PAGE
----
sequence sequence sequence sequence eld sequence eld sequence eld sequence sequence sequence

where sequence

:= coding := coding


byte unsigned integer [byte [byte]] see Appendix C

Table 4: Data from Active Badge Sequence. The sequence number is incremented by 1 for each address broadcast message. 0x wraps round to 0x01, with value 0x00 reserved. The sequence number provides a simple mechanism for a system to lter duplicate messages propagated by the reception of the same broadcast at more than one base. Field. A variable length code representing the modulation pattern of the stimulating eld. The encoding scheme is described in Appendix C.


A.4 Data to Active Badge (sssd=`0000') For messages from a base to an Active Badge the format of the data portion depends on the value of the badge speci c code `cccc' which is interpreted as a command for the badge to execute. Table 5 describes the list of Active Badge commands. command cccc


challenge sound set-state get-state set-home get-home

random tones state

identi er identi er identi er


identi er

0000 0010 0011 0100 0001 0111 where

identi er random tones tone ddd ppppp state status r g home protocol length

:= coding := := := coding := value := value := := coding := value := value := := value := coding

[byte] unsigned integer length byte[0] ... byte[length-1] length tone[0] ... tone[length-1] byte `dddpppp' bit[7] ... bit[5] duration bit[4] ... bit[0] pitch status tones byte `xxxxxxrg' bit[1] red LED o (`0') or on (`1') bit[0] green LED o (`0') or on (`1') length protocol byte[0] ... byte[length-2] byte `0x00' (ip address) byte unsigned integer

Table 5: Data to Active Badge Identi er. If included, the command identi er byte allows the badge to execute commands idempotently. A system can arrange for successive commands to contain di erent identi ers. On receipt, the badge compares the identi er with that of the last command executed. If the identi er is di erent, the command is executed and the identi er is stored in the badge, otherwise the command is ignored. Challenge. The system generated random sequence of at most 5 bytes is encrypted by the badge using an algorithm and a private 128 bit key set at manufacture. The encrypted bytes form the data payload of the reply. In this symmetric authentication scheme, both the algorithm and the key are shared secrets with the system, which can therefore verify the identity of the badge.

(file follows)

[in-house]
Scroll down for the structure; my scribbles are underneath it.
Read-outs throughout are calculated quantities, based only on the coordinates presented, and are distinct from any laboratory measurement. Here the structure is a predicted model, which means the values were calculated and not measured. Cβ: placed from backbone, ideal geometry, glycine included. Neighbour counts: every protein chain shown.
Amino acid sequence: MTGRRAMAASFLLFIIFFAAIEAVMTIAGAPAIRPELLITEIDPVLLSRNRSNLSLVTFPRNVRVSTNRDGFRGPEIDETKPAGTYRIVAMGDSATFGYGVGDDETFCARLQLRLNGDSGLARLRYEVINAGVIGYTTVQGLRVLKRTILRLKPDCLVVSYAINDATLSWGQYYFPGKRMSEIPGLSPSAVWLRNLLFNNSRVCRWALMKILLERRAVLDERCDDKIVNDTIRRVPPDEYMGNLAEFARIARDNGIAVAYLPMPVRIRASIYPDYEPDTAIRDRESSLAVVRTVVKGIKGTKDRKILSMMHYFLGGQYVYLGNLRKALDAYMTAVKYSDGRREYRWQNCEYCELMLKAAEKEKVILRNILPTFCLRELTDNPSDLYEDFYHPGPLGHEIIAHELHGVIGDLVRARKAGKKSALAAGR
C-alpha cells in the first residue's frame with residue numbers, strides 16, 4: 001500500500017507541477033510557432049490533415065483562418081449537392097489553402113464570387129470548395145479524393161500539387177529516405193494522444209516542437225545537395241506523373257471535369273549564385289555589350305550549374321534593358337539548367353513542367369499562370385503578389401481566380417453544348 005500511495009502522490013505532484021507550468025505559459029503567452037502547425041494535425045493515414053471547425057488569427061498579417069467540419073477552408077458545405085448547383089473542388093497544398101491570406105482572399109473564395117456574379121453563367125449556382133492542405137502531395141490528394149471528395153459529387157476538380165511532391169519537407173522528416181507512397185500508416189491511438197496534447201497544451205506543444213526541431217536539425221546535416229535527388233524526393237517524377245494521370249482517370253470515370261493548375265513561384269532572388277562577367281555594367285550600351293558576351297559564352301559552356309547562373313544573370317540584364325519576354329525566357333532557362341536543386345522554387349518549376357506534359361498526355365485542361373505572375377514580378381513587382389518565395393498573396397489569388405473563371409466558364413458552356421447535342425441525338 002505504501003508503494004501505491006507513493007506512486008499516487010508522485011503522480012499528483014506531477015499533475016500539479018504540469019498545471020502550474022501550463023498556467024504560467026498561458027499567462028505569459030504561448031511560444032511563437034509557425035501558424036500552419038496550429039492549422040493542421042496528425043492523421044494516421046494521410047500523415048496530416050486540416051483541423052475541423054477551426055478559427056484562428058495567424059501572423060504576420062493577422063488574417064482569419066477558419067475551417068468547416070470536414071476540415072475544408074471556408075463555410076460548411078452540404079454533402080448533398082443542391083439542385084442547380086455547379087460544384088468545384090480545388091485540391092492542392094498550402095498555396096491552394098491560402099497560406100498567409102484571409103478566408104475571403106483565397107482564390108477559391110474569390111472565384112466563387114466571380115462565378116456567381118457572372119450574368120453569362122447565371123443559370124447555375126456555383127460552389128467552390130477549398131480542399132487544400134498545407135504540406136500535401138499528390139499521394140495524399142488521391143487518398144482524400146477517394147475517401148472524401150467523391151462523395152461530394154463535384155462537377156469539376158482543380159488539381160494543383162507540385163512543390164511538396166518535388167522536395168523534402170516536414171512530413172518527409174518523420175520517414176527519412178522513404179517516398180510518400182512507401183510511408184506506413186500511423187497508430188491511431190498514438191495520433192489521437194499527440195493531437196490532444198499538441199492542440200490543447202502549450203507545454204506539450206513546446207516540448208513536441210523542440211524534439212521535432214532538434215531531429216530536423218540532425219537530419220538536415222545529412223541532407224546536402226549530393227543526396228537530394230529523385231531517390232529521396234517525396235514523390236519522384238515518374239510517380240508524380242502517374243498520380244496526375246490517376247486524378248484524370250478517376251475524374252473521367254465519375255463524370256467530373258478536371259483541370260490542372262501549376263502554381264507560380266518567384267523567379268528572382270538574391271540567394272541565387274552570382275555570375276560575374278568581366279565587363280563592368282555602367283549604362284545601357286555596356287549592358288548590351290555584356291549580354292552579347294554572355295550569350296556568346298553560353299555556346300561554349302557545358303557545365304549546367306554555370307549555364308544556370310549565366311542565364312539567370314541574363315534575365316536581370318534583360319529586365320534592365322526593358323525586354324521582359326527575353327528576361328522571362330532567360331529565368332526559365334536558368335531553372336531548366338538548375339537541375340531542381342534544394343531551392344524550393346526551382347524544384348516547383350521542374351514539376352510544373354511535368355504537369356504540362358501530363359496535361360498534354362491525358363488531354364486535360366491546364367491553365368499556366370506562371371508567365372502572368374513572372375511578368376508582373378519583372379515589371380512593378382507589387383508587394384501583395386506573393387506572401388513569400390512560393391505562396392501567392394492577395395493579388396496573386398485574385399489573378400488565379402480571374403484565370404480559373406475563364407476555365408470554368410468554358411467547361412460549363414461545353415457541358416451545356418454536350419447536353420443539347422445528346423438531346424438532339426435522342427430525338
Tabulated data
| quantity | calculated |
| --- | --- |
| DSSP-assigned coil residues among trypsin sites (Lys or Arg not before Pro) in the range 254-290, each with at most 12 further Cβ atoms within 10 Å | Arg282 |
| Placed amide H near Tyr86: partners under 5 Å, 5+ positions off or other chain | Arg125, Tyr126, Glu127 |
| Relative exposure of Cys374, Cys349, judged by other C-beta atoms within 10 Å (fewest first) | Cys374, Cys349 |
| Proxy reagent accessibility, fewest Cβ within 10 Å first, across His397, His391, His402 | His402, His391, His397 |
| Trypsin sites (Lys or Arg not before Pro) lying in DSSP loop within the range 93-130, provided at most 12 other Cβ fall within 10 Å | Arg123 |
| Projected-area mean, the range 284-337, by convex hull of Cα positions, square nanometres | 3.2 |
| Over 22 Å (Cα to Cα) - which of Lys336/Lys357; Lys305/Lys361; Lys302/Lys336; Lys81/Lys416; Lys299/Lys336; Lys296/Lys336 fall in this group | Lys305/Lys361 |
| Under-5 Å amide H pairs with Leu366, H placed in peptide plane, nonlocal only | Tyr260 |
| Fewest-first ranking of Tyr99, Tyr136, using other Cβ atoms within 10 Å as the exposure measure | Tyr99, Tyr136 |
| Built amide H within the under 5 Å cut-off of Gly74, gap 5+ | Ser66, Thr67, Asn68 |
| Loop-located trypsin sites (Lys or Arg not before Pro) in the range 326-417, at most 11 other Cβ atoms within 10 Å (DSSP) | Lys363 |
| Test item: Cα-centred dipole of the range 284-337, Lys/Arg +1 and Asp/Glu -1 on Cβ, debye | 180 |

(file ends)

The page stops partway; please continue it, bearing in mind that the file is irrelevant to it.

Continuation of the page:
Sound. A sequence of at most 5 tone bytes are interpreted and sounded on the speaker by the badge. The pitch is coded as a number of semitones from `00001' (low) to `11111' (high). Pitch `00000' is silent, and can be used as a rest. The duration is coded as a number of beats as show in Table 6. where each beat lasts approximately 1/16th of a second ddd beats 000 001 010 011 100 101 110 111

48 24 12 6 4 3 2 1

Table 6: Tone duration codes Set state. The status byte of the badge is set. The status of the visible LEDs will be displayed for the duration of the accompanying sequence of tones which is of maximum length 4. The status of the visible LEDs will be redisplayed for the duration of each subsequent button press. The sequence of tones is not stored and cannot be replayed. Get state. The value of the status byte is retrieved from the badge. Set home. Up to ve bytes of additional state information is stored in the badge. It is intended that this state is used to contain the address of an agent responsible for the badge at the home organisation of the badge. The rst byte is an address protocol character. Value `0x00' denotes an ip address. Get home. The home address state bytes are retrieved from the badge. This can be used to enable a system to interrogate an unknown badge and contact the agent of the badge to negotiate the exchange of information.


A.5 Replies from Active Badge (sssd=`0100') For reply messages from an Active Badge the format of the data portion depends on the value of the badge speci c code `cccc' which is interpreted as the code of the command which has been executed. Table 7 describes the list of Active Badge command replies. command bbbb


challenge sound set-state get-state set-home get-home

response tones set-status get-status home home